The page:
I hope to be back there soon. As I said, the sun is coming up and I’m about to jump into the water and start swimming. I look forward to being with God, and to the breakfast I will share with others. A few months ago, the Session of the church I serve agreed to allow  Communion each Sunday after the service during the season of Easter. I’m anticipating that it will be the most delicious, filling, and empowering meal I will have had in a long time. People will be there. Not visitors. Not demons.Not creatures demanding to be named and acknowledged. God’s children. Together. And we will be fed. And we will see Jesus. Some will have taken the boat. Some will have swam. But we will be there together.

Blurred Lines

Over the past ten years, I have built up a very nice Facebook community, made up mainly of people I know personally, but certainly populated with persons who have becomes friends through purely electronic communications.

And I’m walking away. At least for now. 

There is no secret that I have bipolar disorder. I am still relatively new with the diagnosis, and it has not been an easy ride. I’m certainly in the grips of it now. I have not left the house for four days. I have moved from the couch to the bed to the couch to the bed about 7 times. One friend stopped by and gave me a hug. That was about all I could take. Can take. Will take. I don’t often feel mentally ill, but I do this week. I joke but don’t joke that the demons have me right now. I joke because demon talk is crazy. I don’t joke because they are very real, very strong, and very insistent.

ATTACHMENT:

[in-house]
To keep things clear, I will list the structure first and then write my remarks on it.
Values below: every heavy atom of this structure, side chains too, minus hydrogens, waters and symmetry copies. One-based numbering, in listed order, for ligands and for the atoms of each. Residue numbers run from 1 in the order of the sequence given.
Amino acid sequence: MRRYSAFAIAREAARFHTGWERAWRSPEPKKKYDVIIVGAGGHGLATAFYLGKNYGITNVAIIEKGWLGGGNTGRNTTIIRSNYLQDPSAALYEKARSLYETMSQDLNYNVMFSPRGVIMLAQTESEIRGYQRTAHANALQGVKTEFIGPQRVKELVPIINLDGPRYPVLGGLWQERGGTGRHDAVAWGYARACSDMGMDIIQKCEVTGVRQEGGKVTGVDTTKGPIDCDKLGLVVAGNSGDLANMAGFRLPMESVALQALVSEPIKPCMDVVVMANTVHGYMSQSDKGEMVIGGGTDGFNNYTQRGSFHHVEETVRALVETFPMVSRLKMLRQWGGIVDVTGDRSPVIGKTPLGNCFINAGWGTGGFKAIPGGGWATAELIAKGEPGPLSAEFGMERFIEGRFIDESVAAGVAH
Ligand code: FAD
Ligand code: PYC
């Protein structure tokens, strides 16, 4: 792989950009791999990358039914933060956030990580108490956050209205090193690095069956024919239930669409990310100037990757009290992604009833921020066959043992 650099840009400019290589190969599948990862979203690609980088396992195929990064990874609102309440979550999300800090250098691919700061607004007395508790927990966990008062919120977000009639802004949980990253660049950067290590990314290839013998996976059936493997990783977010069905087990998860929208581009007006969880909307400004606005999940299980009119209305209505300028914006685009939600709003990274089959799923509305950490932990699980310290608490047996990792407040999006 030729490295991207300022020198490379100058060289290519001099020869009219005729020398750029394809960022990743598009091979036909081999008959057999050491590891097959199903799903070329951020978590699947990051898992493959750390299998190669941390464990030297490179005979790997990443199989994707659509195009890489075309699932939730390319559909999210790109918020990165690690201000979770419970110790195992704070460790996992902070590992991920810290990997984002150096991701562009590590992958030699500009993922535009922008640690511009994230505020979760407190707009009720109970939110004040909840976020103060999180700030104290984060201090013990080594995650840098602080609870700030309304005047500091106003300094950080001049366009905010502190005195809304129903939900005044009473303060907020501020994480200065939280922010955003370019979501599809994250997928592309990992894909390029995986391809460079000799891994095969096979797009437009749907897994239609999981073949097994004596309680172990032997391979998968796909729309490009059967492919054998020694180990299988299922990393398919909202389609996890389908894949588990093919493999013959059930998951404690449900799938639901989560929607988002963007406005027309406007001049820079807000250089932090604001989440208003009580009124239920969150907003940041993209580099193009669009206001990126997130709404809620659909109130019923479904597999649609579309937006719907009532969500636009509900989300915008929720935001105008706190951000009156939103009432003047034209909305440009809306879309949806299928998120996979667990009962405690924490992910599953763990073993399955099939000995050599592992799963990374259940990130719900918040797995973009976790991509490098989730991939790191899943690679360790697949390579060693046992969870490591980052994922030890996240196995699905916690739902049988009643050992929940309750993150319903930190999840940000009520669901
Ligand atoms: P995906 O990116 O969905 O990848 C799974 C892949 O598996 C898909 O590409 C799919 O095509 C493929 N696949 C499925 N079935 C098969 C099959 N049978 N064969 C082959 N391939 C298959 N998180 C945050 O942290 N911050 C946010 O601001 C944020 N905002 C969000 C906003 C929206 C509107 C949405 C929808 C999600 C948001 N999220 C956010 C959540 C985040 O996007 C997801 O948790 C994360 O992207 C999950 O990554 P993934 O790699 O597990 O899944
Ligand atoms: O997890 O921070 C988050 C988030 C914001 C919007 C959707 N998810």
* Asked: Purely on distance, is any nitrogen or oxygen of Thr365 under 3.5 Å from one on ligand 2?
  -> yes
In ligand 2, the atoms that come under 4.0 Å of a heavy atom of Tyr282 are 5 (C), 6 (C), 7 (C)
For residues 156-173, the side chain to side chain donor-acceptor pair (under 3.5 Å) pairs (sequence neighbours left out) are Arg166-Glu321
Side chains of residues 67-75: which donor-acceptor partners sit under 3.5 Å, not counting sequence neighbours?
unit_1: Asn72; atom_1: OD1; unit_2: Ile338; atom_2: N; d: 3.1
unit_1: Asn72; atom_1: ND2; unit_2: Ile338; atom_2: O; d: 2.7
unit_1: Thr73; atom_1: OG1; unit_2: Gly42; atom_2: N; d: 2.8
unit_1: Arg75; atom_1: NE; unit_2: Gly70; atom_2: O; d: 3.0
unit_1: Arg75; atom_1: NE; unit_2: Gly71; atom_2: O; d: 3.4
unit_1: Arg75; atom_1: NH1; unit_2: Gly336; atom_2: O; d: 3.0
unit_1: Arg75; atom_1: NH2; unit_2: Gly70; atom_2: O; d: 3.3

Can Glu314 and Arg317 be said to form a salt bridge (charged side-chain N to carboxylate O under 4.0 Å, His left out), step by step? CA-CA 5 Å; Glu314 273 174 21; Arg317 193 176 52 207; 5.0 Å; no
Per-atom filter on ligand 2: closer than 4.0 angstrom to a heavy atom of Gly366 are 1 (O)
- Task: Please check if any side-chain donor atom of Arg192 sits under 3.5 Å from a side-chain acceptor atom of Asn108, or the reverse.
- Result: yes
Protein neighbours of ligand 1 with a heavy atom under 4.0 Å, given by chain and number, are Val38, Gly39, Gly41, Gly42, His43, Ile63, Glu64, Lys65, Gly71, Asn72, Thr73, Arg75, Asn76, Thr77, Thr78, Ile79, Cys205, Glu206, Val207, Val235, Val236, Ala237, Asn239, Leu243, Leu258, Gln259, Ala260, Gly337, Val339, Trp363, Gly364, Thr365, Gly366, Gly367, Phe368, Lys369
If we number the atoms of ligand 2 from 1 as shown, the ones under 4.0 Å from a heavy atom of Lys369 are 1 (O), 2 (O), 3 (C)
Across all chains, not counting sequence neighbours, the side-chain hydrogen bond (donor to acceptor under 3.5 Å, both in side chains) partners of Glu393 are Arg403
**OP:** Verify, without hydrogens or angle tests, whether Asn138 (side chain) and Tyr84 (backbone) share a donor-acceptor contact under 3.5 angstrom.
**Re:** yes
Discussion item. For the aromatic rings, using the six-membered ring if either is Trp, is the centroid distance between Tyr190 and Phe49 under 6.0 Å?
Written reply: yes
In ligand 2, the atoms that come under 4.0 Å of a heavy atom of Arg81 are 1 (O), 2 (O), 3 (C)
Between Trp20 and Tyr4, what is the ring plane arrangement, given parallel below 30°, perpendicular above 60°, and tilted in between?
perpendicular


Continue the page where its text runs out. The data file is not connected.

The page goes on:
I’m a fraud. I’m a weak, broken man who has somehow charmed people into believing that I am something special. In certain moments, I believe it myself, this idea of specialness. The demons are good at putting me in my place. I ache and hurt and feel like it would be best if I just disappeared. Kind words just remind me that there is a huge gap between how others see me and how I see myself. How can I possibly pretend to be a servant if I can’t hold myself together?

Don’t worry. This is not a suicide note.  This is Aaron being painfully honest. Because that’s kinda what I do. Jesus Christ saved my life, but my life is still filled with pain.

If nothing else, I am more determined than ever to be of service to other people. but I feel like I’ve blurred some lines. I thought of some people as friends and that has caused me some emotional turmoil.  

What hurts is that I actually do ministry work through Facebook. Important work, I think. But it is causing me some consternation because I find myself getting my feelings all tangled up in blue. I begin to question the good I’m actually doing with the good I think I’m doing. And, frankly, some people are just mean. It’s hard. I have a lot of messages in my inbox now asking me not to go from Facebook, but every one understands needing some space.